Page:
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Author Topic: Digital low noise test?  (Read 2004 times)

hhelmbold

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Digital low noise test?
« on: March 06, 2012, 08:58:32 AM »
Waiting for the 1D X I have had too many opportunities to shoot with different cameras as I rent a lot of bodies for different shoots. At the last wedding I did I mainly used available light as the venue was ideal and lighting was perfect for it, but I did have to push up the ISO a bit at stages. Something that I have taken for granted several times is that as soon as you push up the ISO, your number of available shots left on the memory card decreases, because noise takes "extra space" so to speak.

So I was wondering... The 7D and the 1D X are both 18 megapixel cameras and in THEORY if you take the same shot with both cameras the file size SHOULD be roughly the same... Am I correct?

But if the noise reduction is indeed lower on the 1D X, then we should see smaller file sizes compared to the 7D?

This is just something I was wondering about and would love to hear what others have to say about this?

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Digital low noise test?
« on: March 06, 2012, 08:58:32 AM »

sanj

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Re: Digital low noise test?
« Reply #1 on: March 06, 2012, 10:04:50 AM »
Is the sensor size not of prime importance in this consideration????

hhelmbold

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Re: Digital low noise test?
« Reply #2 on: March 06, 2012, 11:00:32 AM »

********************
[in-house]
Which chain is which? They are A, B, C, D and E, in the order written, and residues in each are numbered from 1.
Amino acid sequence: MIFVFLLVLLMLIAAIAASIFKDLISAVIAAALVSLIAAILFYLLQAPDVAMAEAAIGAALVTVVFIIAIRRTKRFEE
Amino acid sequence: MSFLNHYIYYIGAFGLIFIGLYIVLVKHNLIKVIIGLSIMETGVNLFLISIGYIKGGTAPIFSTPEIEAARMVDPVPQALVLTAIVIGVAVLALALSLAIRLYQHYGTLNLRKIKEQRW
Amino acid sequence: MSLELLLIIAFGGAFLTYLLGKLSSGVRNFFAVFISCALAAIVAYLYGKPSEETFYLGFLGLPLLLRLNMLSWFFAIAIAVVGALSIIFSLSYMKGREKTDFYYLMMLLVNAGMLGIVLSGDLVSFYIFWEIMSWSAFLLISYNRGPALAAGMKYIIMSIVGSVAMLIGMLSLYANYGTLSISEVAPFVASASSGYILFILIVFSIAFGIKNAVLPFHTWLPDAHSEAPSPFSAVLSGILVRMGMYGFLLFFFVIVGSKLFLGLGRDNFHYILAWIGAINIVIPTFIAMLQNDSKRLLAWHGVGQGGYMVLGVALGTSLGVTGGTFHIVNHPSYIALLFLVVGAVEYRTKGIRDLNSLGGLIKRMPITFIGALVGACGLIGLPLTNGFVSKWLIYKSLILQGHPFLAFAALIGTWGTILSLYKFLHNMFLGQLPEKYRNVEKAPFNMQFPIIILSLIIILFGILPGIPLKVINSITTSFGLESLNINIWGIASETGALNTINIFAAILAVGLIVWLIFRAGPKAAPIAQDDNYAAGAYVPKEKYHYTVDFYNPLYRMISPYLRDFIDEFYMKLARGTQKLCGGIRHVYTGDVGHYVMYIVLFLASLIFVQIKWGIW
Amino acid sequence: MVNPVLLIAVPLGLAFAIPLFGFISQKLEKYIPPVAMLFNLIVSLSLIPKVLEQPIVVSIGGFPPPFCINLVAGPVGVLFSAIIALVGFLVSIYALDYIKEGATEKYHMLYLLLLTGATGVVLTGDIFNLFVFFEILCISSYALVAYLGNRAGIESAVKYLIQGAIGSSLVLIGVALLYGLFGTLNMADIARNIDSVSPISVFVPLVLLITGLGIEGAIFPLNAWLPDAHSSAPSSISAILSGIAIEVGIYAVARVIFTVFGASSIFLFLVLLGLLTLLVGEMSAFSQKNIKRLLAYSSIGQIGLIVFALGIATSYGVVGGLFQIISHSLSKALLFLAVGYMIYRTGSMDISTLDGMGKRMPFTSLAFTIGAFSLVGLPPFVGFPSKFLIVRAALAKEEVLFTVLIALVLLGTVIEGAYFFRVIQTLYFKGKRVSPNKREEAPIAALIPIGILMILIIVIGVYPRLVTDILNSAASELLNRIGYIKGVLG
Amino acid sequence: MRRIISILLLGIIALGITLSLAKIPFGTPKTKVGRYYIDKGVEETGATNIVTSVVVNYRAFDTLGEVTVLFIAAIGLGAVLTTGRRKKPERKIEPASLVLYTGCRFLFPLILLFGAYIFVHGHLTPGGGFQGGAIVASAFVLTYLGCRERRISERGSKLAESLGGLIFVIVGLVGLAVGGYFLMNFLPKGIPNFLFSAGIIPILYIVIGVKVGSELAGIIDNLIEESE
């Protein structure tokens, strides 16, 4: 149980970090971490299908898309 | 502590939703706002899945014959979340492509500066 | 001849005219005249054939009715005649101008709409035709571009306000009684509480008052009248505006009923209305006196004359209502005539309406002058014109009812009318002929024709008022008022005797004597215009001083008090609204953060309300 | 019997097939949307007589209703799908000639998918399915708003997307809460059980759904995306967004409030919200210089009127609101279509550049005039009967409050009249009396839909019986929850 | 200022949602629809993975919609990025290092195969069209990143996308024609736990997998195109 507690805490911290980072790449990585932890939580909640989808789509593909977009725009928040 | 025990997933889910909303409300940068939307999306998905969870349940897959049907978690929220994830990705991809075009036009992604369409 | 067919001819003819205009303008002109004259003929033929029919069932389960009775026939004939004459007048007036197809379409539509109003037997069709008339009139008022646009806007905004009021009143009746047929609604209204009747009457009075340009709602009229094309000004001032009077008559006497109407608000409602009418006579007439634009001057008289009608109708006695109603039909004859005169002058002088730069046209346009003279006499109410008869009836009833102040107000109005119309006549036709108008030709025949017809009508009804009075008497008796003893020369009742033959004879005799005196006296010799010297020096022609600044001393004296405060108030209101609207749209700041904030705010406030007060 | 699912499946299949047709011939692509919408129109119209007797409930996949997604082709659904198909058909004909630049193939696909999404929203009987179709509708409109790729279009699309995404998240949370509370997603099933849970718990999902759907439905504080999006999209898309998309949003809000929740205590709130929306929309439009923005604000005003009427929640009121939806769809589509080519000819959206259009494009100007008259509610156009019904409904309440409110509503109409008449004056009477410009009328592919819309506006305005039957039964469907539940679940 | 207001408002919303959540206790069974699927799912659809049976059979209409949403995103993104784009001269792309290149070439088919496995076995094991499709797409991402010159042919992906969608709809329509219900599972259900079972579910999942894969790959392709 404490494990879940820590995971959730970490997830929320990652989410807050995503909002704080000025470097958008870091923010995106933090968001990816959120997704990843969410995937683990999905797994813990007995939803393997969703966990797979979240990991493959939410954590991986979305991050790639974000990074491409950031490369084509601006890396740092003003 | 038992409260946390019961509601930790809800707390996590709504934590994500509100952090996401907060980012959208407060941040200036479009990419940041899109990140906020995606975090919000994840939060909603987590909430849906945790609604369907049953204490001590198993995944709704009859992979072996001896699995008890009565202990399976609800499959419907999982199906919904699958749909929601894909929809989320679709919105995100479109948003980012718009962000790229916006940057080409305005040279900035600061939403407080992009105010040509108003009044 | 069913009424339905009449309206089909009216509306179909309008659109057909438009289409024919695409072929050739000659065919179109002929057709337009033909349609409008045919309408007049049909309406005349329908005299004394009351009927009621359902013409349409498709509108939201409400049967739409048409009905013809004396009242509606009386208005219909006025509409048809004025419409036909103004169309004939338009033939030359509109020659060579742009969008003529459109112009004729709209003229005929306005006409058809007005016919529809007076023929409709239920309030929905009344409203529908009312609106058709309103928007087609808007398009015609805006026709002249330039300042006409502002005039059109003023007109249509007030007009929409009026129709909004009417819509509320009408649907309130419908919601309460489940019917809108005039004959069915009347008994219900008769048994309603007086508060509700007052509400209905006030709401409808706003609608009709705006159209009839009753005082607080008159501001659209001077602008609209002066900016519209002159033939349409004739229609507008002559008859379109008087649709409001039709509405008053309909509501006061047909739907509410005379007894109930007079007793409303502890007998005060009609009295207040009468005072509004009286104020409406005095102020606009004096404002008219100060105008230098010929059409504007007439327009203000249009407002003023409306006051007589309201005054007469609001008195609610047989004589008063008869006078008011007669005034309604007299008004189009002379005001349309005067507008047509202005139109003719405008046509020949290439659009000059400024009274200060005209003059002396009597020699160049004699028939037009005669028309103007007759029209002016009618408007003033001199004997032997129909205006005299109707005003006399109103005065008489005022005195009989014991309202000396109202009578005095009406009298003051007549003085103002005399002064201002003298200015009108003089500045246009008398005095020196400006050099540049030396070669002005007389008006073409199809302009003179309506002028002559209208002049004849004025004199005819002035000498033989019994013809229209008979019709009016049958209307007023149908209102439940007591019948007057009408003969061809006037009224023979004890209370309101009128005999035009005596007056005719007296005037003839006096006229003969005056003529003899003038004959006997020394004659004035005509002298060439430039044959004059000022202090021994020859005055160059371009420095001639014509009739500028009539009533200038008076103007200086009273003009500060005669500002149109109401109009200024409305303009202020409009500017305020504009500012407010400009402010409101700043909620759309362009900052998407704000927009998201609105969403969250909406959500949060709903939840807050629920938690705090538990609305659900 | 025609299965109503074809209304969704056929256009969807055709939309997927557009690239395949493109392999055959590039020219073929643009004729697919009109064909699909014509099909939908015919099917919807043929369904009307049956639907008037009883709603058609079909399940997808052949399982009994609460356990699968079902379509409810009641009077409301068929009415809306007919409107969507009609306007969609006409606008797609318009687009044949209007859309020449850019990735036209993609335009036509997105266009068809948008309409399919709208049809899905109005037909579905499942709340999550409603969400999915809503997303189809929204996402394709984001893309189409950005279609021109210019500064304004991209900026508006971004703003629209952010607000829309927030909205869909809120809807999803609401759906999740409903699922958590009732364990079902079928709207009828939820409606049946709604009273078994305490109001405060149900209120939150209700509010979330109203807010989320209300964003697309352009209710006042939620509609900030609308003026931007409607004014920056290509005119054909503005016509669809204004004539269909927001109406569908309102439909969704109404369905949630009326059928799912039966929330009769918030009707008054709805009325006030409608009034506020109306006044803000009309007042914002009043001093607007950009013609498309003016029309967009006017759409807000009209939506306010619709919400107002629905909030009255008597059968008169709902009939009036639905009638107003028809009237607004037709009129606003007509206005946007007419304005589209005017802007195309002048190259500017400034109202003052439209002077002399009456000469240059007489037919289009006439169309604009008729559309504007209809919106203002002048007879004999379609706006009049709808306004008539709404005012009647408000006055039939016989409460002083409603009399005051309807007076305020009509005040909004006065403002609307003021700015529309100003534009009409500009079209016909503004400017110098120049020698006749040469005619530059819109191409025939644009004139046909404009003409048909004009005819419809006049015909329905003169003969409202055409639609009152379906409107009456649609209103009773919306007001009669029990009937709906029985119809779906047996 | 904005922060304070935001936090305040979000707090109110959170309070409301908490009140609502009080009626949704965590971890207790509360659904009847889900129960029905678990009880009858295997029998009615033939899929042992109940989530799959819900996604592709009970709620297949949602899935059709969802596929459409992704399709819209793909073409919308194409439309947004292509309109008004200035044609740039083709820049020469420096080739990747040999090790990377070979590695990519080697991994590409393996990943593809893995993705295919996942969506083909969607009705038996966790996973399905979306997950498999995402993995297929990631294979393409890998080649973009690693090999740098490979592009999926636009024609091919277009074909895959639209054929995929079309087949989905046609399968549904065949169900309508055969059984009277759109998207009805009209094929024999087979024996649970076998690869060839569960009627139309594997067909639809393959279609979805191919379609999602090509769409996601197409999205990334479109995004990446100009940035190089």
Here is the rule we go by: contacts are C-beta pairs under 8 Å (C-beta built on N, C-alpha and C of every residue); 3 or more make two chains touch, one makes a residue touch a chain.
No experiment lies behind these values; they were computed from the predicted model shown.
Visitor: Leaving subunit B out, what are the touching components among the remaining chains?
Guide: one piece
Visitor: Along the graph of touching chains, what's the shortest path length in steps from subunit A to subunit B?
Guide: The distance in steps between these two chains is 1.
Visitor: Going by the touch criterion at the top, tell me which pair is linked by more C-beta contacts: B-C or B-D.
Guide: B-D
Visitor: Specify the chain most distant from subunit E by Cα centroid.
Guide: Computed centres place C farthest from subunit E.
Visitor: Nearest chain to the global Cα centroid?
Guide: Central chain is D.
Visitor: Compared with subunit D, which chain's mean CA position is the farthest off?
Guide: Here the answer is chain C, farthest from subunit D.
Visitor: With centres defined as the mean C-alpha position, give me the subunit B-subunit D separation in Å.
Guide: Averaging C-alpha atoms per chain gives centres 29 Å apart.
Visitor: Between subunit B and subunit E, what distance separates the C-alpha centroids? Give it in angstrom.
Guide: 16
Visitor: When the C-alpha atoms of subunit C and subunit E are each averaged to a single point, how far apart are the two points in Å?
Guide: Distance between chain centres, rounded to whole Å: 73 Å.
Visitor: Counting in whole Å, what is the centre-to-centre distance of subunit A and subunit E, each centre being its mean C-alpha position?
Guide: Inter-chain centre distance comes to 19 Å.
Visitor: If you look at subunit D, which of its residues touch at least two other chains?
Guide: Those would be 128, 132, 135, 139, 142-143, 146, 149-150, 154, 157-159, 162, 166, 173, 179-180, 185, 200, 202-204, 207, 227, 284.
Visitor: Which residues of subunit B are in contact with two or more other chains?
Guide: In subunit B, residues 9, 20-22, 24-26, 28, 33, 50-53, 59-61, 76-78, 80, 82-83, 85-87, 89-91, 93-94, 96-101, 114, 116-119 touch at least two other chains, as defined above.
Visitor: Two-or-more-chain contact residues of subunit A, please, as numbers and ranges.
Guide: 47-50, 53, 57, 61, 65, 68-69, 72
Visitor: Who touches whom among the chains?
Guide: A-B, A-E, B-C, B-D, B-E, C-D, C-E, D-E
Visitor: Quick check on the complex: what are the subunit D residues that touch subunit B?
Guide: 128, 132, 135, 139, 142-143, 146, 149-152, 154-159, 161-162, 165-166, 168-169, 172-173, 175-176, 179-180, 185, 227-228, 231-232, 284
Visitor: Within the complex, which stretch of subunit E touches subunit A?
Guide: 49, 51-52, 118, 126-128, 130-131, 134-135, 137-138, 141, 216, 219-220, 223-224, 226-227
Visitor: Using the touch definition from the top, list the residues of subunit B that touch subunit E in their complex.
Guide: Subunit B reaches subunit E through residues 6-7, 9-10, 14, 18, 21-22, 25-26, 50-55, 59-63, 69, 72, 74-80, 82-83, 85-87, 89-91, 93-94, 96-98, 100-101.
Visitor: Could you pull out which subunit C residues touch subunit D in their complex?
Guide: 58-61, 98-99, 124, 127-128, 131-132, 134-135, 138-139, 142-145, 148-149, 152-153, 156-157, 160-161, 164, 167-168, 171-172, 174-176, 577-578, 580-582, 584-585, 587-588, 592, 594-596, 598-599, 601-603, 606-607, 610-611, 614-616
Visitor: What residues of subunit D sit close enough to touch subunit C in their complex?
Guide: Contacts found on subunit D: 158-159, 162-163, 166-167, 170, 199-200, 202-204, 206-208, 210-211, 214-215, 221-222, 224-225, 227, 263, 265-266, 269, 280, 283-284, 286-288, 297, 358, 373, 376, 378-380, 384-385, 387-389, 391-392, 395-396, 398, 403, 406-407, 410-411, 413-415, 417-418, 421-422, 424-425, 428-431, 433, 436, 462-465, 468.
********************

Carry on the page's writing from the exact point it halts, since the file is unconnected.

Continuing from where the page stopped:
Is the sensor size not of prime importance in this consideration????

True... I was too focused on the megapixels and forgot about sensor size. But I would like to know what the file size comparisons are between FF 18 megapix and Crop 18 megapix.

But this is where the techno guru's can be of help :-) If I am not mistaken... Theoretically if you could set the camera's to take a 1024 x 768 photo at 18 megapix and take an identical photo with both cameras, the file size should be the same. BUT the fullframe captures a bit more of a dynamic range and thus more detail, so FF filesize will be more...

It was just a thought I had and I guess it is not really an easy comparison to make as there aren't same megapix cameras in "first and second generation" in terms of noise reduction. But I would love to see a filesize comparison between 5D mkii and mkiii of the same photo in RAW. The image processing algorythms will also be different between the cameras and this is just a very theoretical thought I had... but I thought it would be interesting to explore

mb66energy

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Re: Digital low noise test?
« Reply #3 on: March 06, 2012, 11:07:49 AM »
Each compressed file format - if jpeg or RAW - lives from describing areas of identical pixel (color, brightness) with less data than describing EACH pixel itself. Example: If you have a lot of clean blue sky in your image, you find large areas with the same color&brightness. Compressing means that you describe these areas as a region of lets say 30x300 pixels with the SAME properties with some bytes instead of storing 30x300x3 bytes (the last 3 for the three primary colors).

If you use high ISO settings you will increase the noise. The mentioned area of 30x300 pixels hasn't the same color anymore but will be spoiled by noise. The compression algorithm doesn't see a region of SAME properties anymore and tries to find smaller areas with SAME properties or stores the pixels itself.

This effect can be seen just between different subjects: A blue sky with a few clouds doesn't need the same storage compared to a close up shot of very detailed scenes, I remember a shot of some objects in the sand. The sand grains force the compression algorithm to store pixel by pixel.

A larger sensor size with the same MP decreases the noise and ... the rise of storage demand with increasing ISO should be less observable.


Hopefully this explains the situation - best, Michael


Some remarks about compression:
RAW compression doesn't loose information. RAW just stores the data more intelligent just like ZIP-software which doesn't alter texts or other data (otherwise it wouldn't be very useful  ;) ).
The JPEG compression deletes - depending on the degree of compression/quality - information.
« Last Edit: March 06, 2012, 11:13:31 AM by mb66energy »
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hhelmbold